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The Impacts of Active Learning on Learning Disabled Students

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2017 ASEE Annual Conference & Exposition


Columbus, Ohio

Publication Date

June 24, 2017

Start Date

June 24, 2017

End Date

June 28, 2017

Conference Session

Action on Diversity - Disability Experiences & Empathy

Tagged Topics

Diversity and ASEE Diversity Committee

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Fernando Garcia Gonzalez Florida Golf Coast University

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Dr. Fernando Gonzalez joined FGCU as an Assistant Professor in the Software Engineering Program in the fall of 2013. Previously he has worked at Texas A&M International University in Laredo, Texas, the U.S. Department of Energy at Los Alamos National Laboratory in Los Alamos, New Mexico and at the University of Central Florida in Orlando, Florida. Dr. Gonzalez graduated from the University of Illinois in 1997 with a Ph.D. in Electrical Engineering. He received his Master’s degree in Electrical Engineering and his Bachelor’s degree in Computer Science from Florida International University in 1992 and 1989. Dr. Gonzalez research interest includes the intelligent control of large scale autonomous systems, autonomous vehicles, discrete-event modeling and simulation and human signature verification.

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One of the most important best practices in education is active learning. Earlier this year, the White House Office of Science and Technology Policy issued a national Call to Action aimed at improving STEM education through the use of active learning. Active learning serves to clarify, and solidify the material presented in the lecture as well as to help the students retain the information presented in the class. It involves activities generally performed in class. A typical active learning process involves the instructor first lecturing on new material immediately followed by an active learning activity related to this material. While these methods are shown to improve the quality of education, it can have a negative impact on learning disabled (LD) students. Depending on how the activity is administered, it may require the student to absorb and understand a minimal amount of the material from the lecture part in order to participate in the active leaning activity. This can present a problem for learning disabled students. While there are many types of accommodations that can help an LD student, one common characteristic most all LD students have is that they require more time to assimilate any newly presented material. This can present a problem if the active learning activity is immediately following the lecture. For example, the minute paper activity requires the student to write on the topic just covered for one minute. Then present or otherwise submit the writing perhaps for a grade. A learning disabled student may not be able to acquire sufficient knowledge from the lecture part, in the time given, to be in a position to write such a piece. Furthermore, the process of writing itself may present additional problems as many types of learning disabilities impact writing.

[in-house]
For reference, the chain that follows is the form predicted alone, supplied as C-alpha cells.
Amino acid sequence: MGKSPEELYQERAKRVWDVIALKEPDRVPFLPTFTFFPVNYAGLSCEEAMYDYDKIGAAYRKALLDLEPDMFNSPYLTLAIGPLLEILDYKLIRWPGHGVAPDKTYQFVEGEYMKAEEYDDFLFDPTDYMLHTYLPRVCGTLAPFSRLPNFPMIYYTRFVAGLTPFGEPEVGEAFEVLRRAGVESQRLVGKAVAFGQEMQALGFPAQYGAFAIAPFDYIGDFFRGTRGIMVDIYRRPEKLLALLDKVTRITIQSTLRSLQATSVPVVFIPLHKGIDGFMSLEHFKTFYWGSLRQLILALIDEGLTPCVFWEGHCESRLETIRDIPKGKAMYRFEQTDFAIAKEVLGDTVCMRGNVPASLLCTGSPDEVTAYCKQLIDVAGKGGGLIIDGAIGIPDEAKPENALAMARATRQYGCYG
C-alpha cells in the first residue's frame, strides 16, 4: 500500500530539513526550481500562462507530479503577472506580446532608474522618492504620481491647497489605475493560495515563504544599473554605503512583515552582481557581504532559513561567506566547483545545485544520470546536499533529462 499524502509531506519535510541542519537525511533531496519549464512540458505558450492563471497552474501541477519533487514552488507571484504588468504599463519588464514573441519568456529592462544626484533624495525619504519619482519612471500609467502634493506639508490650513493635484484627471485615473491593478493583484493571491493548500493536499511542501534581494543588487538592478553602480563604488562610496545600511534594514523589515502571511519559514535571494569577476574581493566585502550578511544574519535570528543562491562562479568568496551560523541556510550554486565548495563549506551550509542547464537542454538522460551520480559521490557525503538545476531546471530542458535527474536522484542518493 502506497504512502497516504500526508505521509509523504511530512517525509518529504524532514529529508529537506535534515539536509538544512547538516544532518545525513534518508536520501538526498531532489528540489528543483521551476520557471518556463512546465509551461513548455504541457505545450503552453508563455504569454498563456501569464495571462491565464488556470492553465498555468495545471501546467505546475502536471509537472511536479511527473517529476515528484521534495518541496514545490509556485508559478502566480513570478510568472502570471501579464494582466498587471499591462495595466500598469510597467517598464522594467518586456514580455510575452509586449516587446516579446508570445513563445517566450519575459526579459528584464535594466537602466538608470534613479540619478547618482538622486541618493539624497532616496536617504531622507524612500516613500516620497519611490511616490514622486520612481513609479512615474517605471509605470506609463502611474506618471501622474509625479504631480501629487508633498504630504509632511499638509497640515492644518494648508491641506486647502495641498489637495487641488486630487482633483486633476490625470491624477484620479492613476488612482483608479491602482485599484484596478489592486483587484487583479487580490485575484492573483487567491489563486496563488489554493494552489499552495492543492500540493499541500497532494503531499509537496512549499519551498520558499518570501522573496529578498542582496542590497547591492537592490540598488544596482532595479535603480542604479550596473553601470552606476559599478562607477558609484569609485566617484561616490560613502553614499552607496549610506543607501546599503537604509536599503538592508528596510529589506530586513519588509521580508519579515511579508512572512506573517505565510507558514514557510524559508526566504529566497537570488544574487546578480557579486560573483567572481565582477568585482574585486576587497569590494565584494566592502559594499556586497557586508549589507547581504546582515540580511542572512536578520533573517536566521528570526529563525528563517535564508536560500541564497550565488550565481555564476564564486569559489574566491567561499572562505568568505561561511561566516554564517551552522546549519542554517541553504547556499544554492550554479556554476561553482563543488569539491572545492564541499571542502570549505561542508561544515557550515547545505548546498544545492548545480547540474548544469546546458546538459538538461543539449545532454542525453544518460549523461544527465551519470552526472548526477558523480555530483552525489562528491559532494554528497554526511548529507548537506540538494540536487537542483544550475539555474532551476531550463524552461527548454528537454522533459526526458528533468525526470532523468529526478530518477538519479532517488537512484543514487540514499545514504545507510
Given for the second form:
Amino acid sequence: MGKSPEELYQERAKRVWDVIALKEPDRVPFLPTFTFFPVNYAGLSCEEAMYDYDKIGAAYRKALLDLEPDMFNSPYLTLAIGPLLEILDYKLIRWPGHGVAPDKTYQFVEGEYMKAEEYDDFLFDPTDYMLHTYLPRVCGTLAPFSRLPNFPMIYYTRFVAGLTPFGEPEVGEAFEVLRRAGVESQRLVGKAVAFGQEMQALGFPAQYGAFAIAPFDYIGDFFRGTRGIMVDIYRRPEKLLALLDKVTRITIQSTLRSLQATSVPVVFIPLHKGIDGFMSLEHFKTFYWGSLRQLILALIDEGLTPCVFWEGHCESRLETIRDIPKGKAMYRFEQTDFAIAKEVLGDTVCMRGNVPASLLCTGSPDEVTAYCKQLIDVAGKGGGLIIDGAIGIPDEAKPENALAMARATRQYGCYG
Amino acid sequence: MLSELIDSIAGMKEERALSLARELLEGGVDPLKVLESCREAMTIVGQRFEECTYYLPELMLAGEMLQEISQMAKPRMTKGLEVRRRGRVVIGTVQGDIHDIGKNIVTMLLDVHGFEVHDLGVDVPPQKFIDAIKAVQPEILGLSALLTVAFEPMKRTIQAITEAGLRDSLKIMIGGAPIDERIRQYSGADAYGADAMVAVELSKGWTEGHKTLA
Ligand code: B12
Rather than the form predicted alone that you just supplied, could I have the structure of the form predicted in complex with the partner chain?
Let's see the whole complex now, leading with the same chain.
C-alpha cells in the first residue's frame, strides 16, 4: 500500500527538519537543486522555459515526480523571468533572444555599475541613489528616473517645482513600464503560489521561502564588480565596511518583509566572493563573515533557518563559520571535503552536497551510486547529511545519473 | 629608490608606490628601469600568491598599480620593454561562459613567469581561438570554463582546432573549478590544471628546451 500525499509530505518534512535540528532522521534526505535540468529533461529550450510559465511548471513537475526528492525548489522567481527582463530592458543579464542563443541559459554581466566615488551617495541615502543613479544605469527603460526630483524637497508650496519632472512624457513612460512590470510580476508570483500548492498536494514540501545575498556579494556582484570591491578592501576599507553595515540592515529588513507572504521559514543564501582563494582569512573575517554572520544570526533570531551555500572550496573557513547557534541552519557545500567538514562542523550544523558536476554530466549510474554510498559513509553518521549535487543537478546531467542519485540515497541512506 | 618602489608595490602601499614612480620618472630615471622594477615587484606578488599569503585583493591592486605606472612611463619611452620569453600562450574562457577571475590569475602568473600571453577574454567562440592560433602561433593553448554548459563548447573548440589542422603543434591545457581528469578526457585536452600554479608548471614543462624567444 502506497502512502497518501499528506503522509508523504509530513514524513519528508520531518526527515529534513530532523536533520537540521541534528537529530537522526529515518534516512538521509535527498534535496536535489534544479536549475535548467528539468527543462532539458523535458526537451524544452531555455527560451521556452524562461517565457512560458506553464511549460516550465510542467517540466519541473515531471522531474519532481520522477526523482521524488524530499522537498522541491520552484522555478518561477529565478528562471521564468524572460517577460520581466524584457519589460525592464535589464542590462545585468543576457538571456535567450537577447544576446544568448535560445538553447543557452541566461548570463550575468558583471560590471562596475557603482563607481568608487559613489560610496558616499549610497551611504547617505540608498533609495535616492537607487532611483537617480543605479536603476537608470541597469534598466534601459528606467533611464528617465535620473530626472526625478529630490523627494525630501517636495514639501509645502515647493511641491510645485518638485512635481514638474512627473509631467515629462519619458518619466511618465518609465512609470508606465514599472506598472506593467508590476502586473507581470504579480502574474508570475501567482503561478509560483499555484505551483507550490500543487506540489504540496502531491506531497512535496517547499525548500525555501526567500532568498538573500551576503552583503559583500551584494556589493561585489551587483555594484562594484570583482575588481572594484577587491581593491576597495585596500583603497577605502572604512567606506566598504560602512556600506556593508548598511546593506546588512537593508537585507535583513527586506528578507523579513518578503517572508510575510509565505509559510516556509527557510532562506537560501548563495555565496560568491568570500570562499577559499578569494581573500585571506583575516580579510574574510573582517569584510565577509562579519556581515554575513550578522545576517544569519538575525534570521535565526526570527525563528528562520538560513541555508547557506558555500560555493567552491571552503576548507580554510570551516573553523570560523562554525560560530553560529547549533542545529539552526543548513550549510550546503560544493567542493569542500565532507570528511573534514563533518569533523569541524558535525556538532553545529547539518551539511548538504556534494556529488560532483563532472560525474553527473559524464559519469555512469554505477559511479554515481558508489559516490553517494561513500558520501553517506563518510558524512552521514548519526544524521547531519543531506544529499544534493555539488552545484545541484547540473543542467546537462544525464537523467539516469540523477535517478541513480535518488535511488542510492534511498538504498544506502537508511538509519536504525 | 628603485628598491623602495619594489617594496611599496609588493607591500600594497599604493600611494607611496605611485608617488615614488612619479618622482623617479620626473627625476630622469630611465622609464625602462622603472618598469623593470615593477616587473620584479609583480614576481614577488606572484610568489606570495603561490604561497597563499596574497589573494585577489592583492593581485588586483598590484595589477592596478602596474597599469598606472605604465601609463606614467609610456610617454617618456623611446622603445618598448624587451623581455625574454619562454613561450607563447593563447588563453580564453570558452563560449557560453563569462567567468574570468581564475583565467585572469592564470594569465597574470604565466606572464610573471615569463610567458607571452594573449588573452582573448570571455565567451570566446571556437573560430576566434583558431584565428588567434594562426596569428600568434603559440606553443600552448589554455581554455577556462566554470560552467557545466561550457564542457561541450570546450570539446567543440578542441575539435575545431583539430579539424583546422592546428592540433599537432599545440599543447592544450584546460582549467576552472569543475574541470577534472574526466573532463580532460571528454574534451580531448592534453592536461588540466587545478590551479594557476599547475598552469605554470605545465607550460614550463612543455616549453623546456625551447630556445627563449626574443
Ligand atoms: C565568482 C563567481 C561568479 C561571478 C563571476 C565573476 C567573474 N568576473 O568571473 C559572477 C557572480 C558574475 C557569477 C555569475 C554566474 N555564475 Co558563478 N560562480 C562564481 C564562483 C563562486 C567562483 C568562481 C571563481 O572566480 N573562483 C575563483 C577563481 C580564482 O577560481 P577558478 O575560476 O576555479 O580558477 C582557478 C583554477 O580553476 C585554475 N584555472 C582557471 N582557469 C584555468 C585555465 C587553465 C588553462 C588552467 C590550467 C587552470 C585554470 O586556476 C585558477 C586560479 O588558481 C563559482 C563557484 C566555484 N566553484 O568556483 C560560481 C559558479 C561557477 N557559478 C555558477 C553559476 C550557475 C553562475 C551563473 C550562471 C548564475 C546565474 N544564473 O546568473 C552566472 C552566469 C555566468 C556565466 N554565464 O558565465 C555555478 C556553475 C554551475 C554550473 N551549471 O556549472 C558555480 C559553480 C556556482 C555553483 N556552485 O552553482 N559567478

In addition to effecting the student’s grade, it has the potential to isolate the student from the class. A student that cannot perform or contribute to group activities will soon develop a negative reputation and get isolated from the other students. This effect may also push the student out of the class and perhaps out of the major. The number of students effected is significant. According to the U.S. Department of Education, one can expect on average between 3 to 4 percent of the student body in a typical class will have some type of documented learning disability and many more undocumented.

This paper investigates the different active learning techniques and presents the potential problems with each one. Possible alternatives or modifications to certain active learning activities are presented where possible. The author of this paper has a severe case of dyslexia and is an Assistant Professor of software engineering and can see the problem through both, the eyes of the student and the eyes of the instructor.

Gonzalez, F. G. (2017, June), The Impacts of Active Learning on Learning Disabled Students Paper presented at 2017 ASEE Annual Conference & Exposition, Columbus, Ohio. 10.18260/1-2--28979

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